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History in the making


Beautiful ornate vestments, copies of The Southern Cross dating back to the 1890s and a certificate signed by the first parish priest at Goodwood are just some of the treasures on display in the recently established Emmaus History and Archives Centre. 

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Located in the century-old church hall at Kingswood, the centre is home to a collection of memorabilia including religious items, photographs and documents that detail the rich history of Our Lady of Dolours, St Therese and Holy Cross church communities. Amalgamating in 2016 to form Emmaus, the centre also houses items that relate to the short history of the new parish.

Parishioners – Lyn von der Borch, Pat Syrus, Cathryn Hart and Christine Garnaut – form the Archives Group that has worked tirelessly over several years gathering items which will ensure the stories of the three church communities in the inner southern suburbs are not lost or forgotten.

Understanding and conserving the heritage of the Kingswood parish hall was a Parish Council focus in the lead up to celebrations of the building’s centenary in 2014. However, Lyn, Pat and Cathryn believed they should also be capturing the essence of what had made their parish tick for more than 100 years and that was the catalyst for forming a History group.

When Emmaus parish was formed, Christine joined the team and they started to identify and collect historical items from Colonel Light Gardens and Goodwood.

With the assistance of Christine, who is an adjunct associate professor in Planning and Architectural History at UniSA and has worked with archivists, the group set about documenting its aims and objectives. This helped to determine what items would be kept at the centre, what needed to be kept at the parish level and what needed to be sent to the Archdiocese’s Archives Office.

“We have items here that are sometimes called ‘ephemera’; they are not essential records for the parish to keep but are still very important as they help tell the stories of our communities and place,” Christine explained.

Over the years the women have managed to uncover some hidden ‘gems’ and have been delighted to receive unexpected donations from members of the community.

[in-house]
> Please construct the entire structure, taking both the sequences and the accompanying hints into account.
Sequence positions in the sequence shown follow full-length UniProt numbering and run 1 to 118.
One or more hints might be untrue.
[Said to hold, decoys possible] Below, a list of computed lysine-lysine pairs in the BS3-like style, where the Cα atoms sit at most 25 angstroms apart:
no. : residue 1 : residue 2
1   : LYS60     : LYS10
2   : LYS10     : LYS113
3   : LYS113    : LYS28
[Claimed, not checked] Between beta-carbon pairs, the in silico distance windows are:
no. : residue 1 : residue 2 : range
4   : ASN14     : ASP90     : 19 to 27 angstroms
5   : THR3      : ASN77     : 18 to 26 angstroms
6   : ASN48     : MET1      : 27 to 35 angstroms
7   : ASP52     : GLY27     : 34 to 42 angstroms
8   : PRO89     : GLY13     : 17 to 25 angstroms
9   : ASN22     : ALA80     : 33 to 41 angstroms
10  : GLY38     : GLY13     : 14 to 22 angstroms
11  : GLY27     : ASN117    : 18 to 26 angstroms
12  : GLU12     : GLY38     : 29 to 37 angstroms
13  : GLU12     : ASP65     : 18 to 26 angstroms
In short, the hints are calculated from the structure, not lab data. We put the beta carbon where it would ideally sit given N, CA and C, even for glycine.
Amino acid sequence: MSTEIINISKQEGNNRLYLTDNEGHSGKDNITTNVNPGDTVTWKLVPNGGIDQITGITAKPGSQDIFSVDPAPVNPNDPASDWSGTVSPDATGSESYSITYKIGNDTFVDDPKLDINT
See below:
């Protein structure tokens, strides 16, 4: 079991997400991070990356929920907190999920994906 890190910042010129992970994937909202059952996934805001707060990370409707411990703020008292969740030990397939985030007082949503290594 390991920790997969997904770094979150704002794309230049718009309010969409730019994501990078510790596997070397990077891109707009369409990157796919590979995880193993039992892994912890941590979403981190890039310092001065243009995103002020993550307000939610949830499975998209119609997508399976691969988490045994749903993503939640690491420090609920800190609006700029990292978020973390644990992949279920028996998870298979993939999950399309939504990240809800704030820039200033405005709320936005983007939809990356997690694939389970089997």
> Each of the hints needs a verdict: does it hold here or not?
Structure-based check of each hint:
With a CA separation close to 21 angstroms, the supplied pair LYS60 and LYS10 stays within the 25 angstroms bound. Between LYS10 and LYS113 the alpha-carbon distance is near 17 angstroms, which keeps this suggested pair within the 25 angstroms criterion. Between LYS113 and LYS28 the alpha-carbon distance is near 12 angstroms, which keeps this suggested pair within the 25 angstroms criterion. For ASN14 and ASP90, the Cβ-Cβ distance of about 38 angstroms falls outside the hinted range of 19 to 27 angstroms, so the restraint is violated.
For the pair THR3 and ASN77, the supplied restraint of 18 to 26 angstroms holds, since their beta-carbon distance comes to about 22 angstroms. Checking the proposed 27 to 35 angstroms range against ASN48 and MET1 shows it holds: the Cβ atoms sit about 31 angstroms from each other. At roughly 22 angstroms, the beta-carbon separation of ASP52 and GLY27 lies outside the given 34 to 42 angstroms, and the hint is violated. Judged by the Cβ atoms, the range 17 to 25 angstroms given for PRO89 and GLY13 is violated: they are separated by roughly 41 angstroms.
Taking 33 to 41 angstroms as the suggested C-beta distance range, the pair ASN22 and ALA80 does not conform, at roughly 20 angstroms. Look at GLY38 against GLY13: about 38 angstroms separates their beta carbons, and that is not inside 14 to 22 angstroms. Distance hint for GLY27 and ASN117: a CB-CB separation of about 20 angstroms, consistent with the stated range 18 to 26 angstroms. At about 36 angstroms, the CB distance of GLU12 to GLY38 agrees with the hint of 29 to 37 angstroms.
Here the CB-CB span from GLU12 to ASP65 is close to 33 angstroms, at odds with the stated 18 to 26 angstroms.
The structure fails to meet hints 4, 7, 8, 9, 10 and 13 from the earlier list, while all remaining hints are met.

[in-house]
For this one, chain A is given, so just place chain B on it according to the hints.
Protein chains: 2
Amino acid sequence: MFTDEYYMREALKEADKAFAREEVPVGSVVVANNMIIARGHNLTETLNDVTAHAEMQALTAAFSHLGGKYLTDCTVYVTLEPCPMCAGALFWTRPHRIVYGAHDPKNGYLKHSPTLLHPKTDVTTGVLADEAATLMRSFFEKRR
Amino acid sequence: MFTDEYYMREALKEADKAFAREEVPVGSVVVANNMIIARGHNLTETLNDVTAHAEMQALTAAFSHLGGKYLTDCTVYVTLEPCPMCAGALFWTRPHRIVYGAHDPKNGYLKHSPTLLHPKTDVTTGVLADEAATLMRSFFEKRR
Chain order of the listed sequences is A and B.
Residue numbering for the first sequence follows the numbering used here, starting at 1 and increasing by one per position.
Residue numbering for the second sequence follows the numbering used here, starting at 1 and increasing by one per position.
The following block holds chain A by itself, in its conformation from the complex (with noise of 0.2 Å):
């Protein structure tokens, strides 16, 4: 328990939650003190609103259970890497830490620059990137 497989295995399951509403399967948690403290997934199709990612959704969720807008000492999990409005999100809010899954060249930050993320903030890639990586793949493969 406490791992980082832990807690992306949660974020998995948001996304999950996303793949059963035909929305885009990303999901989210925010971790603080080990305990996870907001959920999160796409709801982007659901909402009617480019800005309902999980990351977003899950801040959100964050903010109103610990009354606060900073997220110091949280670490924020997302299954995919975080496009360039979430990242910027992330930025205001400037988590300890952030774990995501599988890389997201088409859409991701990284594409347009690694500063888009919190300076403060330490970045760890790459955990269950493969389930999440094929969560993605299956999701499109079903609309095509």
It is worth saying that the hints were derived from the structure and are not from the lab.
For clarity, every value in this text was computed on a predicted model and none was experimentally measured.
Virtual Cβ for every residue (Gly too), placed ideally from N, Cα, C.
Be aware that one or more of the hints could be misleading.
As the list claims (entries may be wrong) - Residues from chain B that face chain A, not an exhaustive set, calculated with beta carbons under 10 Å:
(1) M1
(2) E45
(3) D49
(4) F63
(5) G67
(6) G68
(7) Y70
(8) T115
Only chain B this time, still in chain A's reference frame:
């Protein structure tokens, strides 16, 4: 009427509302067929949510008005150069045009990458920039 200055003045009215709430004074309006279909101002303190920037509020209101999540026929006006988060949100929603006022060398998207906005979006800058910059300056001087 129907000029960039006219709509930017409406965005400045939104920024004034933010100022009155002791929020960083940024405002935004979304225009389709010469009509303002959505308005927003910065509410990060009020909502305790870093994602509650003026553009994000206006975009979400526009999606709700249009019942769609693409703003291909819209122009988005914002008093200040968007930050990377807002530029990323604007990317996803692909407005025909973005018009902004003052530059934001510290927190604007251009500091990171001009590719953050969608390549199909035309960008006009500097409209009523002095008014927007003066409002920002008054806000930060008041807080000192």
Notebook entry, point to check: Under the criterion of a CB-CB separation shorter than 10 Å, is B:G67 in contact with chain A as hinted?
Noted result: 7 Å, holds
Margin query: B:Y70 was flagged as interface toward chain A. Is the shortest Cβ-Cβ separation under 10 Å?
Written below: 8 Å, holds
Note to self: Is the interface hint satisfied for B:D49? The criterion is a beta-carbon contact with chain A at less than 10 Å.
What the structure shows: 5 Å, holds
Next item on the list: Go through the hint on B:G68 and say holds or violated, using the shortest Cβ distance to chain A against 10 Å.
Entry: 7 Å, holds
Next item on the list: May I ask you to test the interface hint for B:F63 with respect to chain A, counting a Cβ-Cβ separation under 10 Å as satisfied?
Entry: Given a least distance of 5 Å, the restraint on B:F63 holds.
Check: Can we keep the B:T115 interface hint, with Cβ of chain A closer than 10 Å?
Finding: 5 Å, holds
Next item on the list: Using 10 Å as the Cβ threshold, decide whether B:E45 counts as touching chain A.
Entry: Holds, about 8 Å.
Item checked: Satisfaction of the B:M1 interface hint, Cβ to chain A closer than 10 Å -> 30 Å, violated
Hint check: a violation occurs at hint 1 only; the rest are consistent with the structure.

One such item is a ‘Certificate of Membership to the Arch-confraternity of the Holy Family’ signed in 1894 by Fr Aristide Gandolfi. Of considerable historical significance, the certificate has been conserved and is now with the Archdiocese’s Archives, but a copy is proudly on show at Kingswood.

One of the vestments and the certificate on display.

“It’s an interesting story how we received the certificate,” Lyn recalled.

“A man just came into the parish office one day and said he had found it in his father’s garage. It has Our Lady of Dolours on it and he wondered if the parish wanted it.

“Apparently the family were not Catholics but Methodists from McLaren Vale and he had no idea why his father had the certificate and why it was in his shed.

“It was a stroke of good fortune that he brought it here!”

Pat also recalled the excitement when they were cleaning out the sacristy last year and discovered some “lovely treasures” that belonged to the old church.

“We found a wooden tabernacle and little boxes with the holy oils. That was a wonderful find,” she said.

Another parishioner donated bound copies of The Southern Cross dating back to the 1890s and included in the display are several banners that were made by the late Jan Ruff.

A brochure providing information about the evolution of Emmaus and a brief history of its constituent parishes and schools is currently being developed and will be distributed to the parish community and parish schools.

The centre is open to interested groups upon request. For more information contact the Emmaus Administration Centre:


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